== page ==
Another notable Legoist featured in the Anchorage show is Mike Stimpson, who bills himself as a “toy photographer.” A lot of his concoctions use Star Wars characters in unexpected poses — a Stormtrooper opening a stack of valentines, for instance. But he may be best known for recreating famous photographs using the bricks and the accessory parts, heads and limbs. The memorable shot of a sailor kissing a girl in Times Square at the end of World War II and the lone protester standing in front of a row of tanks in Tiananmen Square come to mind.

“When you first look at Mike’s photos, it seems lighthearted,” Decker said. “But when you look again, you see more. He’s brought back those historic photos for a whole new audience. People are going back to find out what he was reproducing.”

As befits a homegrown show, a number of the pieces in “Brick by Brick” are by Alaskans, chosen by a juried selection process. These will be shown on a rotating basis, two weeks at a time, during the run of the exhibit.

Rio Shemet of Homer will have a scale model of the Titanic; the 12-year-old spent seven months on the project. Ty Keltner of Juneau — six-time award winner in Seattle’s massive BrickCon Lego Convention — will have several “builds” in the show; a press release describes one of them as “a whimsical sea turtle with a village on its back.”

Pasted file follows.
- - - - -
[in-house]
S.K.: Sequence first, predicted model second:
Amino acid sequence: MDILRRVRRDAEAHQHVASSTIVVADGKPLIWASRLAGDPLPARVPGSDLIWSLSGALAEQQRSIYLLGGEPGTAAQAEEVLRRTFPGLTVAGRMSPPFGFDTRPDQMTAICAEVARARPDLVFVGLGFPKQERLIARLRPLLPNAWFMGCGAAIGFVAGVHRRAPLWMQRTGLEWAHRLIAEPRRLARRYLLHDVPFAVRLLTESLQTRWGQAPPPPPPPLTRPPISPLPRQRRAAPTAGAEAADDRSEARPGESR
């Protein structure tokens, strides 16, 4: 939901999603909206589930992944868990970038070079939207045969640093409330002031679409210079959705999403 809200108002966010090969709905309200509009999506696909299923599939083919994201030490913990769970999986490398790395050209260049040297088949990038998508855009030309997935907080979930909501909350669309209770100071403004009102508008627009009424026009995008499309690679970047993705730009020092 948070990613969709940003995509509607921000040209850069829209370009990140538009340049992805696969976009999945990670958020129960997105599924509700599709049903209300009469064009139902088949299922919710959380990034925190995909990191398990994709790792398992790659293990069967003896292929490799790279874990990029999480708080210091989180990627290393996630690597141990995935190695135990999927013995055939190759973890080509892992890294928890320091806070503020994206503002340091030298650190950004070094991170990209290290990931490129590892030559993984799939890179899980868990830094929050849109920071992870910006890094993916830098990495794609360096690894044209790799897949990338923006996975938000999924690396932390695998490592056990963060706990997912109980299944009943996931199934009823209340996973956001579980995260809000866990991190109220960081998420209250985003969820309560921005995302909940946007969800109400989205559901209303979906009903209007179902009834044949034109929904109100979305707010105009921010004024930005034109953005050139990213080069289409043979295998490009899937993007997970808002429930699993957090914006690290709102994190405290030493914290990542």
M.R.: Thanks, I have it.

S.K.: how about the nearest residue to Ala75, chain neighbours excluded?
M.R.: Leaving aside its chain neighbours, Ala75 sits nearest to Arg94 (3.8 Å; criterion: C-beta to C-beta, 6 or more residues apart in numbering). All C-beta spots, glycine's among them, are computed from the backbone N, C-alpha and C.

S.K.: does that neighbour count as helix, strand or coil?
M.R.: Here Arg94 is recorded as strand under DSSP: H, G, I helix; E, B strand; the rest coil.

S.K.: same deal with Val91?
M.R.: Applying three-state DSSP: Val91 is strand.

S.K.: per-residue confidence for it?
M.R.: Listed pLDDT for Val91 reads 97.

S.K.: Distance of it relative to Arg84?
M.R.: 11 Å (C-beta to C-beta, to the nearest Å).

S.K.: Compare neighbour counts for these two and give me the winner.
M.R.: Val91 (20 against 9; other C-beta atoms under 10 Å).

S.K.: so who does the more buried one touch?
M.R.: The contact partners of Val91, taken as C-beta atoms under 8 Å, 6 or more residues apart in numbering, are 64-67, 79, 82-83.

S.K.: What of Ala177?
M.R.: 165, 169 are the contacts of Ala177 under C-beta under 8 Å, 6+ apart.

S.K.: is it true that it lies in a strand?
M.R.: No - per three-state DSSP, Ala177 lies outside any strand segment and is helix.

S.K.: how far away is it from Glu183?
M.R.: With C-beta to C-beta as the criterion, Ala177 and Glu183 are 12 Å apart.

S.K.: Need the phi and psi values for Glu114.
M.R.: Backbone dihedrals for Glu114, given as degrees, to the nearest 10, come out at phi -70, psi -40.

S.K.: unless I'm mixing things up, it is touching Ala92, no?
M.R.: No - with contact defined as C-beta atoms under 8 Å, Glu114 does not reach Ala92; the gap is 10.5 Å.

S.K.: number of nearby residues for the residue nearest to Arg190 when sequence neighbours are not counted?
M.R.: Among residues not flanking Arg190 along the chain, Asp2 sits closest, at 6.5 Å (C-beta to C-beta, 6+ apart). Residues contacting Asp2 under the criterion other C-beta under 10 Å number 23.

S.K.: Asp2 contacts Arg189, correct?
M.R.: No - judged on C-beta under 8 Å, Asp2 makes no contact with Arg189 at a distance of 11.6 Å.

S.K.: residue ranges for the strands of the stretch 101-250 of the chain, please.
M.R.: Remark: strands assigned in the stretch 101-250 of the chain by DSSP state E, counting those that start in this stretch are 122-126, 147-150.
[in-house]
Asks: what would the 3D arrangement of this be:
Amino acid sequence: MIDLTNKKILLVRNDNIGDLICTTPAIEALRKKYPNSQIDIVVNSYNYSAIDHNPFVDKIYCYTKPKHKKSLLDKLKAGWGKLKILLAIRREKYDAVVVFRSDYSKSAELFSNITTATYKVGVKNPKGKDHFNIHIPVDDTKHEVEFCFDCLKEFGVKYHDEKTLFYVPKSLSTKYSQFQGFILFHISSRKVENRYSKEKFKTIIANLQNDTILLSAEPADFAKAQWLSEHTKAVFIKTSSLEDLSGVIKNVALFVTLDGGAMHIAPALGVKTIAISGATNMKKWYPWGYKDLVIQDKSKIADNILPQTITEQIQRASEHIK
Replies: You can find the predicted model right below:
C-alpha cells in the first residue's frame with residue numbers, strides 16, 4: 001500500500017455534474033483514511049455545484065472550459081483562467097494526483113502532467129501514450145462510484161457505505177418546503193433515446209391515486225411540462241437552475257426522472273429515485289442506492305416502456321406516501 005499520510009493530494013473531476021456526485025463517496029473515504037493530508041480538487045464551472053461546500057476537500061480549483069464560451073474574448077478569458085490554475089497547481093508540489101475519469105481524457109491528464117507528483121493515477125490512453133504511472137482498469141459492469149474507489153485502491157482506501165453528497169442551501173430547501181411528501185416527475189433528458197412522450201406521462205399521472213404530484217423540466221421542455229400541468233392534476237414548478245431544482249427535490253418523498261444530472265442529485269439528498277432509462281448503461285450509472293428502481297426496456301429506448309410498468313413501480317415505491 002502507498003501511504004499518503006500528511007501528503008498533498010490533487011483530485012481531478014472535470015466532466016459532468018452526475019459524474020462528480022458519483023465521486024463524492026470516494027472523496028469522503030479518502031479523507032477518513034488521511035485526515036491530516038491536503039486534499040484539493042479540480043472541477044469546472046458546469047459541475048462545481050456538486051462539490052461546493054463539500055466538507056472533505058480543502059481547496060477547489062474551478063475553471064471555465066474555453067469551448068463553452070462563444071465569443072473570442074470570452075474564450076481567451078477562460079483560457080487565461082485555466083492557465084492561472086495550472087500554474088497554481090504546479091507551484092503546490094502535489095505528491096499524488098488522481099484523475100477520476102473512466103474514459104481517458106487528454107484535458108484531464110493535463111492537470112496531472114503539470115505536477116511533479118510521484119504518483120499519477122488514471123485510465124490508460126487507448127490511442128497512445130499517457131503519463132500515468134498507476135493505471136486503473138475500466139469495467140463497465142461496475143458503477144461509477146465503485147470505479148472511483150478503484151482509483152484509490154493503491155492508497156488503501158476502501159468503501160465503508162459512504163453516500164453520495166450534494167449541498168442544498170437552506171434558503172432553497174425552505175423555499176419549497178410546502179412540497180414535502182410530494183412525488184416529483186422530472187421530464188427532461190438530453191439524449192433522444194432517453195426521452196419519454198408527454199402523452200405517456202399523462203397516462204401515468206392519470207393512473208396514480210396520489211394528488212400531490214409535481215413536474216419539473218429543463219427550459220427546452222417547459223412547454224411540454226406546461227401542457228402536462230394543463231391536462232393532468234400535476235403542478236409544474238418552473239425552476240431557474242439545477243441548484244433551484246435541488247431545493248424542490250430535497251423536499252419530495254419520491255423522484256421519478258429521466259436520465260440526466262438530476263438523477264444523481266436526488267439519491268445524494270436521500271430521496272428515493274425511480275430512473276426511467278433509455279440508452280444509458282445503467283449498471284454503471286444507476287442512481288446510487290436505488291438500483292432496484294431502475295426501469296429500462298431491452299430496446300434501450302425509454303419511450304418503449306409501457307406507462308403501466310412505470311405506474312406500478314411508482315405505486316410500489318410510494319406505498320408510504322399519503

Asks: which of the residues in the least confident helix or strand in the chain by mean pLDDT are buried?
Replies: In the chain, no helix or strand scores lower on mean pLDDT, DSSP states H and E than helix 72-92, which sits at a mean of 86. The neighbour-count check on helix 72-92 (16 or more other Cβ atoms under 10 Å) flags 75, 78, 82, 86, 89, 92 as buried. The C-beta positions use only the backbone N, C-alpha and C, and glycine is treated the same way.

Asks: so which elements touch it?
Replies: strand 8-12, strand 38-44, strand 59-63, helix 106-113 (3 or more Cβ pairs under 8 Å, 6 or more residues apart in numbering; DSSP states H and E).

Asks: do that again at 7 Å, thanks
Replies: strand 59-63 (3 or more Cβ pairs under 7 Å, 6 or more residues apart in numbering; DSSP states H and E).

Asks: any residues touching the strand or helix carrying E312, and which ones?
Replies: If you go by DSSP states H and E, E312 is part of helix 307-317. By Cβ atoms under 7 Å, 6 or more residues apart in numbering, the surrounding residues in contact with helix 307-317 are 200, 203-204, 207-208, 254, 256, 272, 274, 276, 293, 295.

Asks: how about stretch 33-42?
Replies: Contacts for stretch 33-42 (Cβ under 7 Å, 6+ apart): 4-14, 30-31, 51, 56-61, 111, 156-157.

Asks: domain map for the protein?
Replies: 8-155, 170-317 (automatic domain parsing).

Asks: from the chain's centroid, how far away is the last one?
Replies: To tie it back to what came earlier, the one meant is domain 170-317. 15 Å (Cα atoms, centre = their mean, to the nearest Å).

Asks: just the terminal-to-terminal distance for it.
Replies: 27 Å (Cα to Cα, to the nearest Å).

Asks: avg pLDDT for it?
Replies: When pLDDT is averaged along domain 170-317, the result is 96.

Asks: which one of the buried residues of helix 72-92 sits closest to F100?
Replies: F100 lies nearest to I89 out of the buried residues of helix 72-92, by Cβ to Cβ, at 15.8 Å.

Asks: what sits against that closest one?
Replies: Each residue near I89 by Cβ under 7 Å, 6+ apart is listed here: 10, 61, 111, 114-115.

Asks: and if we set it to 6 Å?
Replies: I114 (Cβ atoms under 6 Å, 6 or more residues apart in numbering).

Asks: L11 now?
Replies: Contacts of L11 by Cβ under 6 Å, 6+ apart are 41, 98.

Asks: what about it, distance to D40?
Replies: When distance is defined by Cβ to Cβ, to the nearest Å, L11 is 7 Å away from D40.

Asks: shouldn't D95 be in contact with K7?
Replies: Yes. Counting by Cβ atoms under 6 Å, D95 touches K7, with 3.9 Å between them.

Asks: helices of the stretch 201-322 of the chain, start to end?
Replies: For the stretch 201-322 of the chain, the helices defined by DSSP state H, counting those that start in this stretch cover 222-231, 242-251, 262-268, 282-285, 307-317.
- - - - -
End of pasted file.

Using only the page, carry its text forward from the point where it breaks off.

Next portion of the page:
More true-to-life are the many pieces contributed by Jeff Jones of Anchorage, who has contributed scale models of Alaska stuff like the museum, Alaska Railroad trains and the ConocoPhillips Building. Jones is an employee of ConocoPhillips, the corporate sponsor of “Brick by Brick.”

“Jeff is prolific,” Decker said. “He’s assembled almost every kit of Legos and does a lot of his own.”

He’s not alone. According to Decker, Alaska ranks high in the number of Lego clubs in the state.

That’s one of the curious factoids that emerge as part of the show. Others of interest:

- “Lego” is formed from the Danish “leg godt,” meaning “play well.

- The company was started by a carpenter in 1932 and recently became the largest toy manufacturer in the world.

- There are 915 million ways to combine six Lego bricks.

- There are enough of the bricks for every person on Earth to have 80.